My life sentence

Issac StoneIsaac was a hugely popular person. More than 800 people turned up for his funeral.

I never got angry at all. I just kept wondering why and how it happened.

But other people were angry. My family were angry. My other children were angry. His friends were angry. And the young people on the streets of Bedford were really angry.

The police asked me to speak to the youth community to calm things down.

As distraught as I was over Isaac’s death, I did not want Isaac’s friends and other youths of Bedford erupting and fighting, attacking each other.

If they did that, it would take police away from the investigation, as the people responsible for Isaac’s death had not yet been found.

On 14 February 2014 four people were charged with the murder of Isaac Stone. They pleaded not guilty and a trial was set.

For weeks, for months, and even now I questioned if I’d missed something. I kept thinking that if I could find what I’d missed then everything would be fine.

As a mum I was used to solving everything. So it was confusing that I couldn’t solve this.

The court process was long. The trial was tiring. Stressful. Hurtful. Horrendous.

It was so hard to see the four of them standing there, and it was difficult to see their parents too.

Though I’d lost in the biggest way, I wasn’t the only one to have lost a son.

Mohammed Hussain, Fahim Khan, 20, and Javed and Rubel Miah, all from Bedford were found guilty. They all received a life sentence and must service a minimum of 107 years between them.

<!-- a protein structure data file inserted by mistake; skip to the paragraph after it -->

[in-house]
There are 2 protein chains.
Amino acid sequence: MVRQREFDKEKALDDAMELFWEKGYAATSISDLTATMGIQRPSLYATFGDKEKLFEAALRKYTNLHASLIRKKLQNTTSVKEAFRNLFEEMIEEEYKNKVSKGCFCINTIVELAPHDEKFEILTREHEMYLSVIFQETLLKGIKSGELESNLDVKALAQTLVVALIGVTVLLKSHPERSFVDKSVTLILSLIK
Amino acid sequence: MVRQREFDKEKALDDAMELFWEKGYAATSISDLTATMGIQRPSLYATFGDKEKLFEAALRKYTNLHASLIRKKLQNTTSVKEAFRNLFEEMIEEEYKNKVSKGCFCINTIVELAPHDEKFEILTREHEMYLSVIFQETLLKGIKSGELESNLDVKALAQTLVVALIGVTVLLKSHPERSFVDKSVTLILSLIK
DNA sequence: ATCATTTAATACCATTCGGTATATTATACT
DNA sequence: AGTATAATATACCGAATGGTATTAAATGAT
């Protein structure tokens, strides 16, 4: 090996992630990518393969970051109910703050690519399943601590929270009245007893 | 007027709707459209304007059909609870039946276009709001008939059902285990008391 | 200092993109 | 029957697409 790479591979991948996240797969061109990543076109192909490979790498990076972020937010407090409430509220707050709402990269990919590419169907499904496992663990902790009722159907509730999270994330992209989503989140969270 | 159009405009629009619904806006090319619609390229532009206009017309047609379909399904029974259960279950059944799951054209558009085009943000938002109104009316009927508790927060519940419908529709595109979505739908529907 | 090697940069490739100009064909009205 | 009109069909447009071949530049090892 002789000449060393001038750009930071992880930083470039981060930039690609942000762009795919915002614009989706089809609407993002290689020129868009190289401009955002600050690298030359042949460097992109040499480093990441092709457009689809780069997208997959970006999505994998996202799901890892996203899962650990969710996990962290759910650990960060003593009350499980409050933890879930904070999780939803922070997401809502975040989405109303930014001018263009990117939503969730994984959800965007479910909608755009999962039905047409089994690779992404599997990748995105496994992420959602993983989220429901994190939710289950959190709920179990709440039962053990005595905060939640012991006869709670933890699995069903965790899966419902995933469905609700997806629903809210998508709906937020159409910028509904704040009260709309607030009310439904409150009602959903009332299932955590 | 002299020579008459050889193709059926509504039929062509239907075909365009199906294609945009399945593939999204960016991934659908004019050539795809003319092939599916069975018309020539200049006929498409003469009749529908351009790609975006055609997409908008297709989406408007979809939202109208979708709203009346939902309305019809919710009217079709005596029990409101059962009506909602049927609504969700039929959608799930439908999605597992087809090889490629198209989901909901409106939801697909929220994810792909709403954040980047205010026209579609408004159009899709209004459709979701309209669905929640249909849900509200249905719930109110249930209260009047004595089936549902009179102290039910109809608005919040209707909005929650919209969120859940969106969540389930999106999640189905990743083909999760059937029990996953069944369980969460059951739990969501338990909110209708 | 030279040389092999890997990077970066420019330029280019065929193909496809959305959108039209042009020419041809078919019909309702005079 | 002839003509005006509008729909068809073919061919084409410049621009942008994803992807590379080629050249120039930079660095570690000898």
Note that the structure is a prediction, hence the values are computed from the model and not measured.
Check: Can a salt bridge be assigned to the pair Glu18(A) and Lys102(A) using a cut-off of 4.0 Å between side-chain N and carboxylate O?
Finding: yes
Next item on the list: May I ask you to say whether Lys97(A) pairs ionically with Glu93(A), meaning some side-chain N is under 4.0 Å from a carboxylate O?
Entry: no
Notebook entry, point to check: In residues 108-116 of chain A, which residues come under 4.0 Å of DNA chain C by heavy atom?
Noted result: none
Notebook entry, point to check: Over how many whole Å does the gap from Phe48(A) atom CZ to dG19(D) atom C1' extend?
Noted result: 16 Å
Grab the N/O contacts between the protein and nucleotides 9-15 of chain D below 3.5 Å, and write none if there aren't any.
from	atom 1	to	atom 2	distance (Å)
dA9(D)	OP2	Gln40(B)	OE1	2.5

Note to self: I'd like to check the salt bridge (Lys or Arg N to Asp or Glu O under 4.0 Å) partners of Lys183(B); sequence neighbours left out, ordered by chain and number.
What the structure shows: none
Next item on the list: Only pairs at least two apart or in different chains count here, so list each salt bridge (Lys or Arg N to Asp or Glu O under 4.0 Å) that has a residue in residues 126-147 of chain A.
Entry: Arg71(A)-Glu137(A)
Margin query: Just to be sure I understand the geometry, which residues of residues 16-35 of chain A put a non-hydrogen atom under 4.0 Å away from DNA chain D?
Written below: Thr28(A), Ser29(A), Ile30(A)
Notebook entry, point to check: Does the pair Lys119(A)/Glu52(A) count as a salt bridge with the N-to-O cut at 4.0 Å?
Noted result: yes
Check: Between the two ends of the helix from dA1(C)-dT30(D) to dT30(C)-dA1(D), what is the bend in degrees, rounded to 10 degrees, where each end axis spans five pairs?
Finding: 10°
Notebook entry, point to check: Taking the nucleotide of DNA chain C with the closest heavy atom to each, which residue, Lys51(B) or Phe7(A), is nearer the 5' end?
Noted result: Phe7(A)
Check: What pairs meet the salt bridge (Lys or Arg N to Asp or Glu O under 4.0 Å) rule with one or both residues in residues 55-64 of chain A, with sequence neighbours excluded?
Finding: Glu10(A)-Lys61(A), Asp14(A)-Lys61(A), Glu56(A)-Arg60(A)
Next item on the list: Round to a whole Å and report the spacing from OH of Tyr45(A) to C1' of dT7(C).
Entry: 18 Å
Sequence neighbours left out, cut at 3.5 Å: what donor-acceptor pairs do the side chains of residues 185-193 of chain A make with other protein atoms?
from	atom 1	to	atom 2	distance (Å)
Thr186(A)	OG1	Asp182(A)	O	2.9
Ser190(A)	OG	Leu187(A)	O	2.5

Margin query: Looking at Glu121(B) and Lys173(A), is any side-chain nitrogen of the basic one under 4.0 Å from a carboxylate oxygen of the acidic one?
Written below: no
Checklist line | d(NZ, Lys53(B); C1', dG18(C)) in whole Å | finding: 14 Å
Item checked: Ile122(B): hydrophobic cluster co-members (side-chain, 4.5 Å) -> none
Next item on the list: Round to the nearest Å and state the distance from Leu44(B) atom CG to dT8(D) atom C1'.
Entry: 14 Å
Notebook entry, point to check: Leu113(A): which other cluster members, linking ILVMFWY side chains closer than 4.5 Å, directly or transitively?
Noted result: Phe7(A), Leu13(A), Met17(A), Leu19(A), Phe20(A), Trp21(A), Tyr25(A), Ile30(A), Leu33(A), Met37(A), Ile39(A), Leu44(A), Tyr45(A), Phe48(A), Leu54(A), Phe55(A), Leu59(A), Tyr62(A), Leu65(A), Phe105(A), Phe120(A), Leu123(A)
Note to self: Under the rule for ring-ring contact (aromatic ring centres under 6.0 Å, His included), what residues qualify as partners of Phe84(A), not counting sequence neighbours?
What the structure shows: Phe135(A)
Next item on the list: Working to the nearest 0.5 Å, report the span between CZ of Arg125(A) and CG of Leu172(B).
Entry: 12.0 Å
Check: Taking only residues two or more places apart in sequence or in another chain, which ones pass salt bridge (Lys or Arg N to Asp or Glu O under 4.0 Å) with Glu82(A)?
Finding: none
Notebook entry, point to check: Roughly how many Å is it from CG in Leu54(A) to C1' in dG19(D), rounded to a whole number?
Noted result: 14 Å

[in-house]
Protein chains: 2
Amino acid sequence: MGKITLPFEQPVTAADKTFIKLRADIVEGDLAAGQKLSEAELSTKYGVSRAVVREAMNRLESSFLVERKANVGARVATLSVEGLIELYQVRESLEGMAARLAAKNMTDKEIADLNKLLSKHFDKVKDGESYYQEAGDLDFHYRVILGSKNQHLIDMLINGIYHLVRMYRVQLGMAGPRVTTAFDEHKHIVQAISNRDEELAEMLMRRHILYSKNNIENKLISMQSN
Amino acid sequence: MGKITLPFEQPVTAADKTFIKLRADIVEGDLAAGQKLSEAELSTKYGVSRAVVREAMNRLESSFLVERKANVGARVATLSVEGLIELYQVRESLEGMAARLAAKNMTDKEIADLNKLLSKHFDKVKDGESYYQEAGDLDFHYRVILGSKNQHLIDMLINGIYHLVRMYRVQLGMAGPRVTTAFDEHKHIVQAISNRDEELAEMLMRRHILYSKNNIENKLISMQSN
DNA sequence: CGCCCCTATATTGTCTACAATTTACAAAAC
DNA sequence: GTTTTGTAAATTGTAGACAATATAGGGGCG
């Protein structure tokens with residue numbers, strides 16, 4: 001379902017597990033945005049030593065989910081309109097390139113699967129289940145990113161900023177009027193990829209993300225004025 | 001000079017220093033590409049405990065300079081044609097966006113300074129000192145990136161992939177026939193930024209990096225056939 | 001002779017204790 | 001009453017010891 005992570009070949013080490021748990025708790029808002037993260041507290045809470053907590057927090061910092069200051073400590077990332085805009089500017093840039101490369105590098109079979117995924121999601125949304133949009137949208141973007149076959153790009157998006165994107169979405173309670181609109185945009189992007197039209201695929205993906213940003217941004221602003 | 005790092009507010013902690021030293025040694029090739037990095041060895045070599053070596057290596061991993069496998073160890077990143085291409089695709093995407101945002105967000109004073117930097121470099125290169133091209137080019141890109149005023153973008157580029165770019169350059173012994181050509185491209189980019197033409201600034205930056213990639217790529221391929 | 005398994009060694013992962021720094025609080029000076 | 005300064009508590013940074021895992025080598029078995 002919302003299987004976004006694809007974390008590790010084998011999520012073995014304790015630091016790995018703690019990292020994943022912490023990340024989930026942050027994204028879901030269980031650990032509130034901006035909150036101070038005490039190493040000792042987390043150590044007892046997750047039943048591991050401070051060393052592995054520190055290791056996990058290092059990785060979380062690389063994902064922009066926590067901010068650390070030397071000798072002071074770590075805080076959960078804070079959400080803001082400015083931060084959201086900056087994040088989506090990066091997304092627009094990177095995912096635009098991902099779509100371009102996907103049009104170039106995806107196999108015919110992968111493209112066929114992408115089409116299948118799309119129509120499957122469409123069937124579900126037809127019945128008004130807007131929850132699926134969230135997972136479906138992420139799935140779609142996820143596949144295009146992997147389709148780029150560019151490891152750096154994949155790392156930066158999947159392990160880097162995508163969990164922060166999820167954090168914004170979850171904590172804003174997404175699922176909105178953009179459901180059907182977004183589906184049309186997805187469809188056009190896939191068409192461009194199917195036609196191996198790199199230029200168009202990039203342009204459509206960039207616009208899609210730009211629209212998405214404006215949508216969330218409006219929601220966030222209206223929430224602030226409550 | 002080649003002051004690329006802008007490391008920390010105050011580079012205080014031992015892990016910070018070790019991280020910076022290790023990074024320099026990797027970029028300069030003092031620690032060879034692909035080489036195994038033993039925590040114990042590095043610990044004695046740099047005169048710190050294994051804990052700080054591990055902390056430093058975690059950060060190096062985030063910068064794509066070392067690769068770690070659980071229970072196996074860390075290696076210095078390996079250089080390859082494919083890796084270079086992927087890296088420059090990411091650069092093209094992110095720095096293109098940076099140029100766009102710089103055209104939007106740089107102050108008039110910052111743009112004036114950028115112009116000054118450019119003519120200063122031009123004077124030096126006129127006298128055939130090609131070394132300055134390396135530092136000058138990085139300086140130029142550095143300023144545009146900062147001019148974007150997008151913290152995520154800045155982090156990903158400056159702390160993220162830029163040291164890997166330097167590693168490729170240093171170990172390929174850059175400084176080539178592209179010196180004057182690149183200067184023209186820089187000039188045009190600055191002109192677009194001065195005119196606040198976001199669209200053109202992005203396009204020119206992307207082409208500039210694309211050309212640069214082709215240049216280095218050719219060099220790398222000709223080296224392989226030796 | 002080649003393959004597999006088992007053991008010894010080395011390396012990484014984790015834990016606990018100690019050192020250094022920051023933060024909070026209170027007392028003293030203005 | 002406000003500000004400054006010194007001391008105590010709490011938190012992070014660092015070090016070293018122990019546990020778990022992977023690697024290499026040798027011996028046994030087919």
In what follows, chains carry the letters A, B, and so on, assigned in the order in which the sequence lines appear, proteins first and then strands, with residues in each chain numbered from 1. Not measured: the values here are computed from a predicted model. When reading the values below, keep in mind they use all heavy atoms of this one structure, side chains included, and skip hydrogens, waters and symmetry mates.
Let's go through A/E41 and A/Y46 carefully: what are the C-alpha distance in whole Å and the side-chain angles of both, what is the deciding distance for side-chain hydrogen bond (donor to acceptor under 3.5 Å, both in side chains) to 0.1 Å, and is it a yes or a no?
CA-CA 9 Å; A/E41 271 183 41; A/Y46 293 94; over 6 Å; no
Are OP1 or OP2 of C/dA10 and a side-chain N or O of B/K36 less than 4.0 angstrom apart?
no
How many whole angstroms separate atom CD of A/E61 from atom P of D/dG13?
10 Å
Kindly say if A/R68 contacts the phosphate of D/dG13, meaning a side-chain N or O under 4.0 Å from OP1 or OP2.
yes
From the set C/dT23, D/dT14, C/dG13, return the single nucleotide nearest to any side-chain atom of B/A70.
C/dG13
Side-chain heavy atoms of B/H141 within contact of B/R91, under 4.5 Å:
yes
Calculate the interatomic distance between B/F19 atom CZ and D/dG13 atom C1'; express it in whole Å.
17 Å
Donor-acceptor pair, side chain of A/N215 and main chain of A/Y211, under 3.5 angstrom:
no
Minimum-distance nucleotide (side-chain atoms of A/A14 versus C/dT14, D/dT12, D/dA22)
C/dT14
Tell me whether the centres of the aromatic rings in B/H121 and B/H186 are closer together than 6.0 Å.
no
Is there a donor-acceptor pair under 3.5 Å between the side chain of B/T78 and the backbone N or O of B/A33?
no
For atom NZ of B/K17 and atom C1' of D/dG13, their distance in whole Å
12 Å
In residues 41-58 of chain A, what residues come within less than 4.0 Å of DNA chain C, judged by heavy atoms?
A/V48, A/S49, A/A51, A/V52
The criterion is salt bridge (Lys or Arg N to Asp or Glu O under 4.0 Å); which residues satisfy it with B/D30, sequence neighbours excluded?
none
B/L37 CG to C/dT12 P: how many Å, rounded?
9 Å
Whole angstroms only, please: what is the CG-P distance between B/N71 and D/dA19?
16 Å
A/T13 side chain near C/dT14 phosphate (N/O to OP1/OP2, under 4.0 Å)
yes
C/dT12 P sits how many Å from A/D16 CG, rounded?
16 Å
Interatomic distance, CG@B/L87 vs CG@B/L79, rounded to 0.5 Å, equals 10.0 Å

After the verdict, one of the police officers involved in the case cried.

But I couldn’t cry anymore. I was out of tears.

A lot of people around me were rejoicing but I couldn’t. I was happy they had been found guilty and were going to prison, but I couldn’t rejoice.

They’d got a life sentence – but so had I. My life sentence is not being able to see my son again.

All they’d left me with is a hole in the ground and a cross.

The result didn’t change anything for me and my family.

Isaac was 19 when he died.

He loved football and he loved music. He just loved life.

I am lucky in some ways. Because of his music, I have lots of recordings of him laughing, joking, talking, singing. But I will never hear his voice in person again.

At just over two years on, I worry that I don’t remember his voice, so I put on his music – that’s all I’m left with.

This is the third in a series of blog posts by Yvette Lendore, the mother of Isaac Stone who was murdered in January 2014.

Read the other posts, ‘The day my son was murdered’ and ‘When everything came down’.

Yvette has spoken out in support of the Bedfordshire Police campaign against serious youth violence and knife crime.


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